FilmThe Horror Show

Josh and Benny Safdie on what scares them

Robert Mitchum in Charles Laughton’s macabre 1955 Southern Gothic, Night of the Hunter

Filmmaker brothers Josh and Benny Safdie are responsible for some of the most emotionally unsparing movies of recent years, including Good Times and Uncut Gems, so it’s fascinating to get a glimpse of what scares them in the context of cinema.

In a clip for the Criterion Channel in 2017, the brothers expound on the moments that have most frightened them in film. Some of these do not qualify as traditional horror – the climax of Blood Simple, with its brilliant chiaroscuro of light piercing through the gunshot holes in the apartment wall or the gentle singing of Robert Mitchum’s character in Night of the Hunter – one of the most disturbing Hollywood movies that doesn’t fall into the traditional horror category.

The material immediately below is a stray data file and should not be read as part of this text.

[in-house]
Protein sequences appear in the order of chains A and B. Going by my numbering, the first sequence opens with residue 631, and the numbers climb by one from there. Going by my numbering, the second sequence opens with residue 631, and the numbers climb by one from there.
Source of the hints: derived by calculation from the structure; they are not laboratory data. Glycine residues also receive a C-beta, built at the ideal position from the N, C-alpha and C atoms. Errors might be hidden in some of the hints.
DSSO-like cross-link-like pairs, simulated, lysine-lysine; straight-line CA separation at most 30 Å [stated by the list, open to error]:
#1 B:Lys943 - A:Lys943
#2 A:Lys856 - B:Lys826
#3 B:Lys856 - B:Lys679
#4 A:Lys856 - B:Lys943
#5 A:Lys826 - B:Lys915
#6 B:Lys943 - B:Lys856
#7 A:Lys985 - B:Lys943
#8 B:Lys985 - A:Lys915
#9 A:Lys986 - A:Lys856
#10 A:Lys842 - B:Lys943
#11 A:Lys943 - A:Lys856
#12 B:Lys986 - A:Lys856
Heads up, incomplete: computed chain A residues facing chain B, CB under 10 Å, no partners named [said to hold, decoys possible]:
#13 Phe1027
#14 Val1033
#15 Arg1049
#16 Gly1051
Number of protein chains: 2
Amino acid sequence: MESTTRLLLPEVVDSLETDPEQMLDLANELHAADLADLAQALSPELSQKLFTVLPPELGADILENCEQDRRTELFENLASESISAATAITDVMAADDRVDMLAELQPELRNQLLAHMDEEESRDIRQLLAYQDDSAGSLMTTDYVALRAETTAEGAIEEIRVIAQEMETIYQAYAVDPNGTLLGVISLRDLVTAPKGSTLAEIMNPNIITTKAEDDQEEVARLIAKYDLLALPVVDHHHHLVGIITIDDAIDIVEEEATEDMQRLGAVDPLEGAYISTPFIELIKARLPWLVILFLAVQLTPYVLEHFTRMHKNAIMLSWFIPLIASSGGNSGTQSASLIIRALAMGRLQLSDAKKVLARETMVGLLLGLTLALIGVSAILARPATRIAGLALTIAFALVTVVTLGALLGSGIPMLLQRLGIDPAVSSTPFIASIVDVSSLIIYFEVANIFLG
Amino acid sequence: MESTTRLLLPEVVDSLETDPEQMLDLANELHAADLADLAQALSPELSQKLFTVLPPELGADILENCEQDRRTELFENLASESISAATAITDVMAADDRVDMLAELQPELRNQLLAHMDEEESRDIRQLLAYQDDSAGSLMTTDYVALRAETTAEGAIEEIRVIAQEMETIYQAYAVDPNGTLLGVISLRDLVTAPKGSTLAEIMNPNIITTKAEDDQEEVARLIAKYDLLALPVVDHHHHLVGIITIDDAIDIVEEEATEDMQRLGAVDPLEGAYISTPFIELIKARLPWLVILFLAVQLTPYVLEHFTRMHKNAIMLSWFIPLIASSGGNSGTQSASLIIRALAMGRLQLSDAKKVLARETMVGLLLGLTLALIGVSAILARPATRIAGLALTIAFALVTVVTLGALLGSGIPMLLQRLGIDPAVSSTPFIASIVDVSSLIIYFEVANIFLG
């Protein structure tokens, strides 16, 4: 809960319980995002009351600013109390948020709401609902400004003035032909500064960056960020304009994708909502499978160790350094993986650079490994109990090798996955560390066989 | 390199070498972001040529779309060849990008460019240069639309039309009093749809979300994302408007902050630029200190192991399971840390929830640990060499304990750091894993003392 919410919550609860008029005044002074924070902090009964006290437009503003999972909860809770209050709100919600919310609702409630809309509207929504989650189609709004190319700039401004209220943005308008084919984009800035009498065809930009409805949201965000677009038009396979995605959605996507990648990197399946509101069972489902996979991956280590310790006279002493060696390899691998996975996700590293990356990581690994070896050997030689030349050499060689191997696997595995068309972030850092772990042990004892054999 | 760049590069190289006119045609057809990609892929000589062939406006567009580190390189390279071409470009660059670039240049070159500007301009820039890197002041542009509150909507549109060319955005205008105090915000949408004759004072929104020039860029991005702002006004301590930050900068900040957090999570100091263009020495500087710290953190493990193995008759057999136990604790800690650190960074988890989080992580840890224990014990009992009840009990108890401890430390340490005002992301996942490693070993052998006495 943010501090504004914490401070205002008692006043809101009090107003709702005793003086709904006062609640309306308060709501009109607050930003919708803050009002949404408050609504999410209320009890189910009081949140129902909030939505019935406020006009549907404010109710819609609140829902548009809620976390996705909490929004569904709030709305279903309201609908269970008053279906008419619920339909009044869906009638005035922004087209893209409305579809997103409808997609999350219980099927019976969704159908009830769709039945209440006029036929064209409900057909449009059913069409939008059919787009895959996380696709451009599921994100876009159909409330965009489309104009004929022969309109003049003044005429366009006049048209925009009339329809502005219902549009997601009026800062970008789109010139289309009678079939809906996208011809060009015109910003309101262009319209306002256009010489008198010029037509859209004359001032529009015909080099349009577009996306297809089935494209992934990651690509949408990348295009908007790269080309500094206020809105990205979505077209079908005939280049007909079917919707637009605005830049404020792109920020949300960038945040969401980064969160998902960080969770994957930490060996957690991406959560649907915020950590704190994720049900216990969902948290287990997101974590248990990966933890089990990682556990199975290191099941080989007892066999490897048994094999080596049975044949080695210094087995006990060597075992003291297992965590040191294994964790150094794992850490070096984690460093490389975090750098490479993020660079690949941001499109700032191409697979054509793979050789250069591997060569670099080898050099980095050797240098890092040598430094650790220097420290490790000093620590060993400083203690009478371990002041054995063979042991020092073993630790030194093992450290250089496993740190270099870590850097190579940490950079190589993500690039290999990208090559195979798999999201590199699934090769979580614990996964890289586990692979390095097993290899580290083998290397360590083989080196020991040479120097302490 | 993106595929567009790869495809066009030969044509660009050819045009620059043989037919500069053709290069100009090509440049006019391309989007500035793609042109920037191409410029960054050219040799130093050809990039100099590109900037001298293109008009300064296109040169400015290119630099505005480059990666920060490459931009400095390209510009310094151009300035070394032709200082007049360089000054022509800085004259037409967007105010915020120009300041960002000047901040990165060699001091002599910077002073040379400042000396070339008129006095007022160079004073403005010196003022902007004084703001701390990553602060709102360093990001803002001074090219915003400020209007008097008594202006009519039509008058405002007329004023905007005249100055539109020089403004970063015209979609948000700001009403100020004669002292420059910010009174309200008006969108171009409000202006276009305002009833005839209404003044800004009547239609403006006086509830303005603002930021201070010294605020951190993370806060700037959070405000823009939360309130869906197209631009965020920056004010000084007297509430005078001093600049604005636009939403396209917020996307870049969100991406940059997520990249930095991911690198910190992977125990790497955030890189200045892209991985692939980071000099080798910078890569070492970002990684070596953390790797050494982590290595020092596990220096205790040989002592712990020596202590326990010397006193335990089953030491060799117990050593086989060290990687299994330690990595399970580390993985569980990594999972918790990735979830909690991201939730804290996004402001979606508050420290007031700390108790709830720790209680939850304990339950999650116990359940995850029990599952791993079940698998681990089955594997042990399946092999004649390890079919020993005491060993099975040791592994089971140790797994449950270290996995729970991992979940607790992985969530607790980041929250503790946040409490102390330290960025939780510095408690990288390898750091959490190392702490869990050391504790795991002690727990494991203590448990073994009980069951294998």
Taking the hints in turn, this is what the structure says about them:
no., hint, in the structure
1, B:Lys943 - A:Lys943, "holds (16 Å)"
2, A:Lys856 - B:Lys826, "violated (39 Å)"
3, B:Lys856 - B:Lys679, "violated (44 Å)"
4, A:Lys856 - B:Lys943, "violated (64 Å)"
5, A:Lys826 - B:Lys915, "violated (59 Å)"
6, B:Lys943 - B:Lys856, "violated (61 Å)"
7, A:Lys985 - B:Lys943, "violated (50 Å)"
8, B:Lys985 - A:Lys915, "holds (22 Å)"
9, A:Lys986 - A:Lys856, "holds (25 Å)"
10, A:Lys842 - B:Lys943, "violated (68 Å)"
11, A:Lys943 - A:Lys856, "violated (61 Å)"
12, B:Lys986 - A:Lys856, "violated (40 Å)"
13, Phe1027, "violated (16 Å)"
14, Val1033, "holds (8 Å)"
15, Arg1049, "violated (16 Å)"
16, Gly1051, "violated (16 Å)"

Other choices – Cronenberg‘s Videodrome; Polanski’s Repulsion – are more readily recognizable as horror movies, especially when one considers Josh Safdie’s take on James Woods in Videodrome: “To see him in that movie, and think of who he is in 2017, and how he’s shifted into this political figure, you can imagine that character – Max Renn – you can imagine him having a Twitter account after going through and seeing the true colours of society.” Now that’s scary.

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